The Worth of Writing

I’ve never identified with being a creative. I can’t draw. I’m afraid of color (hence the black and white, monospace site). Typography is a bit of a mystery. The “grid” reminds me more of graphs from Algebra 2 than it does of layout and spacing. Perhaps most importantly, people rarely call me creative.

More than I’d like to admit, I’m influenced by the community and opinions floating around me. Some days I like to blame my DNA. Homo sapiens evolved to be tribal and cooperative – it’s their damn fault I find it hard to ignore others. Other days I like to blame Big Tech and society. Something along the lines of “Down with social media! You’re making us jump like monkeys and compete for likes and re-tweets!”

On my most honest days, though, I recognize that it’s a problem inside me. It’s a problem with the story I’ve been telling myself and my emotions related to the narrative that, “I’m not creative or good enough to do something like this. I should just stick to math.”

In high school, I want to say this narrative was driven by impostor syndrome. I was surrounded by people smarter, more creative, and more proactive. I looked up and thought, “why try and play their game.” Why write when you know 20 people who write more than enough (and in higher quality) for the people you want to reach?

The achievement I saw around me reminded me that I’ve already lost before even trying. I should just use my time somewhere else, somewhere I have a better shot at winning.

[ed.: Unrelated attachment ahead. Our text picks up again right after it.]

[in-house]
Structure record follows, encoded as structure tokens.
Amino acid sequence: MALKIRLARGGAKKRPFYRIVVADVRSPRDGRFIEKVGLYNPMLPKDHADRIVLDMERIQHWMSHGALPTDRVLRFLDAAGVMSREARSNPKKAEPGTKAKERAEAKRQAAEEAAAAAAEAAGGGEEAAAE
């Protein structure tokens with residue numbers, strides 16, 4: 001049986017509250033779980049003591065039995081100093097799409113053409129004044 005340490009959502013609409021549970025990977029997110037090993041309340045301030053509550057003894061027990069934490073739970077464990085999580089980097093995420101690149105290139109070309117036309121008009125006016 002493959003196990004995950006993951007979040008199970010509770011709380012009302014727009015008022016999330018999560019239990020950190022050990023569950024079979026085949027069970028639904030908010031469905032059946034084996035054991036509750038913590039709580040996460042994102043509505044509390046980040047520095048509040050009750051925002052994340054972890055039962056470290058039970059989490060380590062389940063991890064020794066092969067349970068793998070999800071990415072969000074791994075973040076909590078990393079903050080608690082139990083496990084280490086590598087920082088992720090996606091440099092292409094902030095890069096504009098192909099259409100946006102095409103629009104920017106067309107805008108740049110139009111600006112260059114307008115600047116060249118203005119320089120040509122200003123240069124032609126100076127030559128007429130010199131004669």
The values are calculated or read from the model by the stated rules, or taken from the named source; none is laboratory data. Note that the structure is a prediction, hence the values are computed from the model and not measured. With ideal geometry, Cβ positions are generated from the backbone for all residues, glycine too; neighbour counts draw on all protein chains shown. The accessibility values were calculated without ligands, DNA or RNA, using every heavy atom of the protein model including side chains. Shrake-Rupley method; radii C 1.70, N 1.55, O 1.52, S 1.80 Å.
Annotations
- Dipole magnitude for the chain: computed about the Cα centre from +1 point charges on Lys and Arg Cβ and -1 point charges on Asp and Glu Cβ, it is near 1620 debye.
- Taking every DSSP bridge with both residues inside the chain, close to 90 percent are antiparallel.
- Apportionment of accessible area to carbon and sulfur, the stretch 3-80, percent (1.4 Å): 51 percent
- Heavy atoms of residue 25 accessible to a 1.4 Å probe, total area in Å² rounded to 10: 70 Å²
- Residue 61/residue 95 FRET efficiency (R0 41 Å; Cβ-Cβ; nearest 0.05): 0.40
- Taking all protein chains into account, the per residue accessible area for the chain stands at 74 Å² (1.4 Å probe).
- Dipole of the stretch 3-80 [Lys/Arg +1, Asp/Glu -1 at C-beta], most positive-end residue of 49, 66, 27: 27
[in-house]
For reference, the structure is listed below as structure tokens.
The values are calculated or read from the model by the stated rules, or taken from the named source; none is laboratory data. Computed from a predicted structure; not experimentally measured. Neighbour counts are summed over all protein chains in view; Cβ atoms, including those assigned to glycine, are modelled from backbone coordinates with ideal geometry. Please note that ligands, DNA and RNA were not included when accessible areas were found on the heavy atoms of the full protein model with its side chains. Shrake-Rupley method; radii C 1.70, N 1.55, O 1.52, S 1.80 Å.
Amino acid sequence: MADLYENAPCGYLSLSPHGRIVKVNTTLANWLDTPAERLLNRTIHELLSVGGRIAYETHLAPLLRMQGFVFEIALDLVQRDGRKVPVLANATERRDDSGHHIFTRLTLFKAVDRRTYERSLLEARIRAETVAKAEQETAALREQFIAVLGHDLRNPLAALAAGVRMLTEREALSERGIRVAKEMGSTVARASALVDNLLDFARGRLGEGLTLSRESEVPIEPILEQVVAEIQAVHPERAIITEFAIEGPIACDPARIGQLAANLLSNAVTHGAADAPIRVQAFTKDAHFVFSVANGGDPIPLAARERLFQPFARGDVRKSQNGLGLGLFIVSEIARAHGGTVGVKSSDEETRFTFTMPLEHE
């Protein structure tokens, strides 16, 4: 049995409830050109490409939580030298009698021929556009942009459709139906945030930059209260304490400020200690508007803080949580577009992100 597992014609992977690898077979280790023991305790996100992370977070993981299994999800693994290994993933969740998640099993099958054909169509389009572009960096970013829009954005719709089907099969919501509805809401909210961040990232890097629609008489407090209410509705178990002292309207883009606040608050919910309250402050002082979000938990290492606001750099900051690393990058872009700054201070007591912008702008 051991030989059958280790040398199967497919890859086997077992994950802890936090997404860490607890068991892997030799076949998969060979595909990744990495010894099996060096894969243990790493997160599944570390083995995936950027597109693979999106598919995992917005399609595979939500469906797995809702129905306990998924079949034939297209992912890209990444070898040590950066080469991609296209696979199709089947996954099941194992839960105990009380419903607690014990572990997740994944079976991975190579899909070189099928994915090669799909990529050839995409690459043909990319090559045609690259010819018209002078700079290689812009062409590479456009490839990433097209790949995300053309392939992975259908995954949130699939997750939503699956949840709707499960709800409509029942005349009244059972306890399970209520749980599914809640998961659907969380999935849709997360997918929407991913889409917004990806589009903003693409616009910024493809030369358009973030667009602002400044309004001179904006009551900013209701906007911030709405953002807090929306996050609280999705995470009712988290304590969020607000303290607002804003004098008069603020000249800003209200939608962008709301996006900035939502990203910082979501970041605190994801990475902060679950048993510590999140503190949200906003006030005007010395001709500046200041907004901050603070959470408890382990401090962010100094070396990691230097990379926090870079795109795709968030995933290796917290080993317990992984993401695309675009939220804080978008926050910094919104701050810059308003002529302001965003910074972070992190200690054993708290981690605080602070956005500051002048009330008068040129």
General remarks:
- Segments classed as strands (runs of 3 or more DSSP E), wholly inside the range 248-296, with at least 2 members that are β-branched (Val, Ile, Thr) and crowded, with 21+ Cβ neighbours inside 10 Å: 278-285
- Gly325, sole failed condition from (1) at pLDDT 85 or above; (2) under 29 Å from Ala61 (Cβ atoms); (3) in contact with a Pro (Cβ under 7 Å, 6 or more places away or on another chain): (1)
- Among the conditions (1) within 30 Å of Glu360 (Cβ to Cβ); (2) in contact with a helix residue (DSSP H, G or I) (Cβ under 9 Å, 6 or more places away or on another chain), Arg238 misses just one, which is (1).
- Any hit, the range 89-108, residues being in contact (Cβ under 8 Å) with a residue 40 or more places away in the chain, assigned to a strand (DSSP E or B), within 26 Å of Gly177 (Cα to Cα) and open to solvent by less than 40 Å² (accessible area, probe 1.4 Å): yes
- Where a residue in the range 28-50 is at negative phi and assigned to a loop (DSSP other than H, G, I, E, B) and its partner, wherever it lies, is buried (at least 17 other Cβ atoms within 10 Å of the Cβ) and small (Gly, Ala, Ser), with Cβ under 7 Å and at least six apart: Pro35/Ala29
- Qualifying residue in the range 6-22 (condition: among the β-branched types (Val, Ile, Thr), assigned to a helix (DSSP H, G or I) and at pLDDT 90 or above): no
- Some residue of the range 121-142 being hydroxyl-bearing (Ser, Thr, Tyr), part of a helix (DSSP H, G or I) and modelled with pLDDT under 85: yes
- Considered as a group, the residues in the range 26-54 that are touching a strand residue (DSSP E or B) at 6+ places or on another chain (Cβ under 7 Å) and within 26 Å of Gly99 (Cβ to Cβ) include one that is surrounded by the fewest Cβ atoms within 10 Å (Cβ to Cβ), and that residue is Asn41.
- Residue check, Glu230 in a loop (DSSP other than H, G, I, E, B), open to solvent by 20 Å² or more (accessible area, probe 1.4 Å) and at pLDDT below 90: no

Now I’m a university student, the illusion I’ve given myself is that I don’t have enough time. There’s too much work I have to do that my side project needs to wait. What I write isn’t good enough to provide value to others, and more importantly, it doesn’t pay.

There are adult concerns and adult actions I need to take. Writing “for fun” is a child’s game I can’t afford to play right now.

I hope it’s clear why these veins of thought are so toxic. What might not be so obvious is why they’re fictional.

High school Tommy was probably right. There were (and are) writers much more prolific and much more honed in their craft. If he wrote, it probably wouldn’t get read and it probably wouldn’t bring joy to a lot of people.

College Tommy (and I’m quite familiar with him) is also probably right. He has a degree that he wants to get and that requires him to spend time doing work. Food isn’t free either. Even if he can avoid rent by living with his parents doesn’t change the fact that he needs to help pay some bills.

These are unavoidable realities of life. And although I’m talking in the personal and at the individual level, I’m hoping that you’re starting to see narratives in your life that are like mine. Stories that are similar, if not quite the same.

The part that I got wrong in high school, and that I’m getting wrong now, is how I’m evaluating the “worth” of writing and publishing it to show to others. Writing has inherent value in all shapes and forms, many of which are not obvious and rewarded by the communities and systems around us.

Even if my writing isn’t widely-read or well-received doesn’t make that act of writing any less valuable. And just because it’s not tangible in dollars or claps on Medium doesn’t make my writing worthless.

Writing helps me think better. Writing helps me feel better. Writing archives my present self so one day I can look back and see how much I’ve grown.

I can’t put a dollar amount to any of this, but I get the feeling that writing is probably worth doing.